Shal. He is the wiser man, master doctor: he is a curer of souls, and you a curer of bodies; if you should fight, you go against the hair of your professions: is it not true, master Page? Page. Master Shallow, you have yourself been a great fighter, though now a man of peace. "

Shal. Bodykins, master Page, though I now be old, and of the peace, if I see a sword out, my finger itches to make one: though we are justices, and doctors, and churchmen, master Page, we have some salt of our youth in us; we are the sons of women, master Page.

1 The ancient term for making a thrust in fencing.

2 Terms in fencing. The stoccado, the réverso, &c. from the Italian.

3 Heart of elder. The joke is that elder has a heart of pith.

4 Bully-stale and king-urinal, these epithets will be sufficiently obvious to those who recollect the prevalence of empirical waterdoctors. Castilian, a cant word (like Cataian and Ethiopian), appears to have been generally used as a term of reproach after the defeat of the Spanish Armada. The Host avails himself of the poor doctor's ignorance of English phraseology in applying to him these high-sounding opprobrious epithets; he here means to call him coward.

Page. 'Tis true, master Shallow.

Shal. It will be found so, master Page. Master doctor Caius, I am come to fetch you home. I am sworn of the peace; you have showed yourself a wise physician, and Sir Hugh hath shown himself a wise and patient churchman: you must go with me, master doctor.

Host. Pardon, guest justice:-A word, monsieur Muck-water.

Caius. Muck-vater; vat is dat?

Host. Muck-water, in our English tongue, is valour, bully.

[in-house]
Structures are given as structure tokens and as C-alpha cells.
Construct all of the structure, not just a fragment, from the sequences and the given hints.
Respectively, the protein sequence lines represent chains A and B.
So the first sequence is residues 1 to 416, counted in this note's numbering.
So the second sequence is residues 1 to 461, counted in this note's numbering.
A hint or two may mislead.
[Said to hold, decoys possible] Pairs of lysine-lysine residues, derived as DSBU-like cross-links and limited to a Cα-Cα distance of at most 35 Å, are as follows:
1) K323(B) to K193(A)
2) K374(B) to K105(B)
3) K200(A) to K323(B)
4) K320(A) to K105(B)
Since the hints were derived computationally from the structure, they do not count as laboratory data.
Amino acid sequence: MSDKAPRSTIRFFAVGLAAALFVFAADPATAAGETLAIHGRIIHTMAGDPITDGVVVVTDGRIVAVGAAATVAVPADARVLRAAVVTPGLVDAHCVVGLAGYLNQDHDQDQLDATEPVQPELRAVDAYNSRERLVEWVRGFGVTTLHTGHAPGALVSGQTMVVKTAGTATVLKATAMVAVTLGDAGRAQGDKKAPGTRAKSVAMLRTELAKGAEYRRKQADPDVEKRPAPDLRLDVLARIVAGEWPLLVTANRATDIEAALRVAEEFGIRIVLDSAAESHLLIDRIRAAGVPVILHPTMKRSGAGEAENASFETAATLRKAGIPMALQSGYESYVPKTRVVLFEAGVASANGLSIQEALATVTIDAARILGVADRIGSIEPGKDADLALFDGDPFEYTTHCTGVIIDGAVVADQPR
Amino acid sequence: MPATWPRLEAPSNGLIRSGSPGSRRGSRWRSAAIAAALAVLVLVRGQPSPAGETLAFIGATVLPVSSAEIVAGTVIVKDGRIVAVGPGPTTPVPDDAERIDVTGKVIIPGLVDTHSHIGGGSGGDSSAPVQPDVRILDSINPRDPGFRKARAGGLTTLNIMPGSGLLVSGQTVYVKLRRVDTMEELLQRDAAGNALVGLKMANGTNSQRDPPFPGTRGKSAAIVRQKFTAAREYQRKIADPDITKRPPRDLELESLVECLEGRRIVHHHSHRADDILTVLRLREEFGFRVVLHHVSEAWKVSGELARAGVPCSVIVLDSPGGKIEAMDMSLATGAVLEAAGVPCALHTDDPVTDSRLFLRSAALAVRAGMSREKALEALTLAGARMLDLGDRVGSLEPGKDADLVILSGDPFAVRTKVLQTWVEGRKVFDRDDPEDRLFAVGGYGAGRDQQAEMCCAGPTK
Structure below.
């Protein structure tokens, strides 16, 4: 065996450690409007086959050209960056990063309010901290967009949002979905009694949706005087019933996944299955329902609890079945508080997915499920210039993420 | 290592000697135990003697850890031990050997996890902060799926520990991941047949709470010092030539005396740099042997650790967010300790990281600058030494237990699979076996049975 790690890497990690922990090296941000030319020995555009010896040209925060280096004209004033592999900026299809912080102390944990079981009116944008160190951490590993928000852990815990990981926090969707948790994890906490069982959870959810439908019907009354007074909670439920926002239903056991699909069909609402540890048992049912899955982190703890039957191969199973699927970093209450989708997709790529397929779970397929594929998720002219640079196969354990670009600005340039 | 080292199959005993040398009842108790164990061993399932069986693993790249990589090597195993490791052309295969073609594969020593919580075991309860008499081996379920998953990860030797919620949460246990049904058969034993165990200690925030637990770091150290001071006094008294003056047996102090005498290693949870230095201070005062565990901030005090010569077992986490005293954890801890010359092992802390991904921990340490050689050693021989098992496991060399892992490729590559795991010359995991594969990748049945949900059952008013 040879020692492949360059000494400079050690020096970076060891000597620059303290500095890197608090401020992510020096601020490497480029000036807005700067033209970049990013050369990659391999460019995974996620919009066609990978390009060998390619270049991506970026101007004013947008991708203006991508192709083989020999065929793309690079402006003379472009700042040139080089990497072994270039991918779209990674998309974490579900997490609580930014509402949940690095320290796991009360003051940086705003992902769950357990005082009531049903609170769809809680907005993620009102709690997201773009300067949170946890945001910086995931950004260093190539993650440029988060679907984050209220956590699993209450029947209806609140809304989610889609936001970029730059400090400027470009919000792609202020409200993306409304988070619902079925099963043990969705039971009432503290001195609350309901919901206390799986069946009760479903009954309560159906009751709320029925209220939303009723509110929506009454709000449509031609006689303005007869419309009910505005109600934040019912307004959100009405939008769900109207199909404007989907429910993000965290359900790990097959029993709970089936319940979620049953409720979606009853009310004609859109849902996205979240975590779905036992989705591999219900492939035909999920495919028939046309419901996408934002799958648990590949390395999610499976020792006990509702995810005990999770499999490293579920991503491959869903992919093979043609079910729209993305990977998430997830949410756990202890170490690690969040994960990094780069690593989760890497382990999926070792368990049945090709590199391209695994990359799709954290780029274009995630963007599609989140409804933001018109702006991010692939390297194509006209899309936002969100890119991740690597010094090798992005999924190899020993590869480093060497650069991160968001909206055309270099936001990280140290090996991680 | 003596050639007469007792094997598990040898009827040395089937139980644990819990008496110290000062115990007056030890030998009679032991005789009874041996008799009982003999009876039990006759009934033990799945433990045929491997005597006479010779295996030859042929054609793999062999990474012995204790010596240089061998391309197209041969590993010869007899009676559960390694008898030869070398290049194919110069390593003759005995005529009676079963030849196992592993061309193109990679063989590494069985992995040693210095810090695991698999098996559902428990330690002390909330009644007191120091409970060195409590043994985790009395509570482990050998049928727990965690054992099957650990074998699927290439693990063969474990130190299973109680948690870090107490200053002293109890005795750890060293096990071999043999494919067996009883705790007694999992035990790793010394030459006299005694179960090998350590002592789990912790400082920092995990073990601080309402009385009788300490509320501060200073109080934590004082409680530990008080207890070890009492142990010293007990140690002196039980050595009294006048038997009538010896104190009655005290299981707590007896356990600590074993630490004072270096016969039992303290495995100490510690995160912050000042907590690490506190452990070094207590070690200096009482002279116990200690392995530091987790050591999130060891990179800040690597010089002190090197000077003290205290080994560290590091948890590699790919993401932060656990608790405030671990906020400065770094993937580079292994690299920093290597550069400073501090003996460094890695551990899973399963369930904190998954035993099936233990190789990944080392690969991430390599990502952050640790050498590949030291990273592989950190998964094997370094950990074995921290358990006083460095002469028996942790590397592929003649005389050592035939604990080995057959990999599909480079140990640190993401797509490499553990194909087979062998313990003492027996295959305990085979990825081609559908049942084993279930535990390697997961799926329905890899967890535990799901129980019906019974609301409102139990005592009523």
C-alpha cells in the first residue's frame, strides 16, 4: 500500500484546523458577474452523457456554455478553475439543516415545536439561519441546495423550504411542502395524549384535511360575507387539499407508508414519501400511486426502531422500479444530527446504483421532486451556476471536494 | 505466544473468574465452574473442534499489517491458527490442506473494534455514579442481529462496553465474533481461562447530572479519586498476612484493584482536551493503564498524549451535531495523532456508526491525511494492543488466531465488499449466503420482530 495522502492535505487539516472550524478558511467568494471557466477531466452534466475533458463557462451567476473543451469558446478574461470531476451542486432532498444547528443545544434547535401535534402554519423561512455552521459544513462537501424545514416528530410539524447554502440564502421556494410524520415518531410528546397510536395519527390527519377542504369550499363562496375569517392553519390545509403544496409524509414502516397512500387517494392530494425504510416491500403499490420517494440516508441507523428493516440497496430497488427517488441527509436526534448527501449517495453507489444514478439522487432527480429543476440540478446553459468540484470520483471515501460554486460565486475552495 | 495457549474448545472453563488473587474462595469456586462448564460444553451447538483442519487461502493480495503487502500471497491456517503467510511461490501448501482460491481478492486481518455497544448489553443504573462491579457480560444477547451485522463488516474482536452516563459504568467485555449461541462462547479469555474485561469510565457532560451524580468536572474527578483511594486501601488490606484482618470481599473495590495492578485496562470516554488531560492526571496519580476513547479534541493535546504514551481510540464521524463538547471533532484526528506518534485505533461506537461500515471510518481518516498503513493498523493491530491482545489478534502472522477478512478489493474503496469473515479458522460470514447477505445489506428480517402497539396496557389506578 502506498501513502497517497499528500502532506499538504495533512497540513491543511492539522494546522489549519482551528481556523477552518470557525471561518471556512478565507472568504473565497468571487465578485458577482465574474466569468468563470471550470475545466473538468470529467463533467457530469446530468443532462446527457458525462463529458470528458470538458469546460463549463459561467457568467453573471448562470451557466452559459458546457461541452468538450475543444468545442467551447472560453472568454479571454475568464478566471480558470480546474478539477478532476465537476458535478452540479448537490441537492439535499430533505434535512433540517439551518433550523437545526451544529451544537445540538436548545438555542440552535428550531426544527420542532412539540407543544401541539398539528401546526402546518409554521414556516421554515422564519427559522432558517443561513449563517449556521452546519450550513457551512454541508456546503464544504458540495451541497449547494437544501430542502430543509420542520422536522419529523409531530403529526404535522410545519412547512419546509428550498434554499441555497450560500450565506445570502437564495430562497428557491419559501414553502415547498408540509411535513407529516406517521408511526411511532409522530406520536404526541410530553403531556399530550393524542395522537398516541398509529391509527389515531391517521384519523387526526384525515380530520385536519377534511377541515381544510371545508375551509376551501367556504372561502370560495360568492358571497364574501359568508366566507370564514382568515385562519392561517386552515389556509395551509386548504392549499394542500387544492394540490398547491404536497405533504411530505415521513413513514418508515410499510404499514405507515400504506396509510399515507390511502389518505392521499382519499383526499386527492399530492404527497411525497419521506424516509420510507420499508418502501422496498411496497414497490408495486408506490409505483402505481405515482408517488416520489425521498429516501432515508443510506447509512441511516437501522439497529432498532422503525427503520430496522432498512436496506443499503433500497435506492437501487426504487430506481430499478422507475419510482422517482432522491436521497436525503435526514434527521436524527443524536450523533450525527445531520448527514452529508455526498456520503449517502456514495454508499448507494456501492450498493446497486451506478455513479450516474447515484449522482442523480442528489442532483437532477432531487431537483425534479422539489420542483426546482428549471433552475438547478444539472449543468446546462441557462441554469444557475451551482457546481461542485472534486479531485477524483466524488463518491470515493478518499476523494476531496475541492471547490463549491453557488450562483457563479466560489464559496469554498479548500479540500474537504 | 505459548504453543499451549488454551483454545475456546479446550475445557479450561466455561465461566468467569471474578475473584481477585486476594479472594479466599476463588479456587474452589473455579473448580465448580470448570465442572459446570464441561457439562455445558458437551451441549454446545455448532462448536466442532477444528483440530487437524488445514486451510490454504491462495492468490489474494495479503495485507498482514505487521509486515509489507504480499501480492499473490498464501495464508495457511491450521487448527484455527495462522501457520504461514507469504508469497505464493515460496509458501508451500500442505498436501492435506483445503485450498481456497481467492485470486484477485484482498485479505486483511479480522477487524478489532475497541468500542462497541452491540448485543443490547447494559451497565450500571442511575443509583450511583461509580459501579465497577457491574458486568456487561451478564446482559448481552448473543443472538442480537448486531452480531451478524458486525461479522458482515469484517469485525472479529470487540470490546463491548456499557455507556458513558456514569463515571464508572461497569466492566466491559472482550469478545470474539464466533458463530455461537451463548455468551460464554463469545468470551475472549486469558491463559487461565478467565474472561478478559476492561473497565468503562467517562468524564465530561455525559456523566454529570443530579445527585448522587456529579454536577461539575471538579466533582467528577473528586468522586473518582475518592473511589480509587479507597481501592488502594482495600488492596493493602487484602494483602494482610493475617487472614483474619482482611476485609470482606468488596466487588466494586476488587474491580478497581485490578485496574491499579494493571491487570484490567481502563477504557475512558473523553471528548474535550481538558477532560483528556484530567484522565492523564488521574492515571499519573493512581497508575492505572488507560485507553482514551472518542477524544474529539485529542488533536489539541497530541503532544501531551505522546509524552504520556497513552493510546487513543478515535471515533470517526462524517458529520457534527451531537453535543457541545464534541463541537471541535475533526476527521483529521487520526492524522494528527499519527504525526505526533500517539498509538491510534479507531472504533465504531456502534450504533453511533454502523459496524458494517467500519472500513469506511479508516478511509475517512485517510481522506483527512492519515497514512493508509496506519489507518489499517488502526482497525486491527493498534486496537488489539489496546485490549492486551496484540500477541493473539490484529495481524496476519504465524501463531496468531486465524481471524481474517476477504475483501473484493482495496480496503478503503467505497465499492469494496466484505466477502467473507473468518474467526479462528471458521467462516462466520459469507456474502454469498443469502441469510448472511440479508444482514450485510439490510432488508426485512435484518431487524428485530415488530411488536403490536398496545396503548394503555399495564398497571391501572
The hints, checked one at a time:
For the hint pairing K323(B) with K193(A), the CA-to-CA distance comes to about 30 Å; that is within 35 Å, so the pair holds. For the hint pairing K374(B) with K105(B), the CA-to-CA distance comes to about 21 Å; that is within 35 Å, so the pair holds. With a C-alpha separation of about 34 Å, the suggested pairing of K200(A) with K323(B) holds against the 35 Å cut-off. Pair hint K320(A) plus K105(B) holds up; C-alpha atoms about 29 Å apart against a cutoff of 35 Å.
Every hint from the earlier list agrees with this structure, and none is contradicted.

Caius. By gar, then I have as much muck-vater as de Englishman:-Scurvy jack-dog priest; by gar, me vil cut his ears.

Host. He will clapper-claw thee tightly, bully.
Caius. Clapper-de-claw! vat is dat?
Host. That is, he will make thee amends.

Caius. By gar, me do look, he shall clapper-declaw me; for, by gar, me vill have it.

Host. And I will provoke him to't, or let him wag.
Caius. Me tank you for dat.

Host. And moreover, bully,—But first, master guest, and master Page, and eke cavalero Slender, go you through the town to Frogmore.

[Aside to them. Page. Sir Hugh is there, is he?

Host. He is there: see what humour he is in; and I will bring the doctor about by the fields : will it do well?

Shal. We will do it.
Page, Shal. and Slen. Adieu, good master doctor.

[Exeunt PAGE, SHALLOW, and SLENDER, Caius. By gar, me vill kill de priest; for he speak for a jack-an-ape to Anne Page.

5 Drain of a dunghill,

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:: Host. Let him die: but, first, sheath thy impa

tience; throw cold water on thy choler: go about the fields with me through Frogmore; I will bring thee where Mrs. Anne Page is, at a farmhouse a feasting; and thou shalt woo her: Cry'd game“, said I well?

Caius. By gar, me tank you for dat: by gar, I love you; and I shall procure-a you de good guest, de earl, de knight, de lords, de gentlemen, my patients.

Host. For the which, I will be thy adversary towards Anne Page; said I well ?

Caius. By gar, 'tis good; vell said.
Host. Let us wag then.
Caius. Come at my heels, Jack Rugby. [Exeunt.

ACT III. SCENE I. A Field near Frogmore. Enter Sir Hugh Evans and SIMPLE. Eva. I pray you now, good master Slender's serving-man, and friend Simple by your name, which way have you looked for master Caius, that calls himself Doctor of Physick?

Sim. Marry, sir, the pittie-ward, the park-ward, every way; old Windsor way, and every way but the town way.

6 Steevens tried to give some kind of meaning to this passage. Cry'd game," says he, “ might mean in those days a professed buck, who was well known by the report of his gallantry as be could have been by proclamation.” Warburton conjectures that we should read Cry Aim, that is, “ Encourage me, do I not deserve it!” This suits the speaker and occasion, and is therefore very plausible. See the second scene of the third act of this play, where the phrase again occurs.

VOL. 1.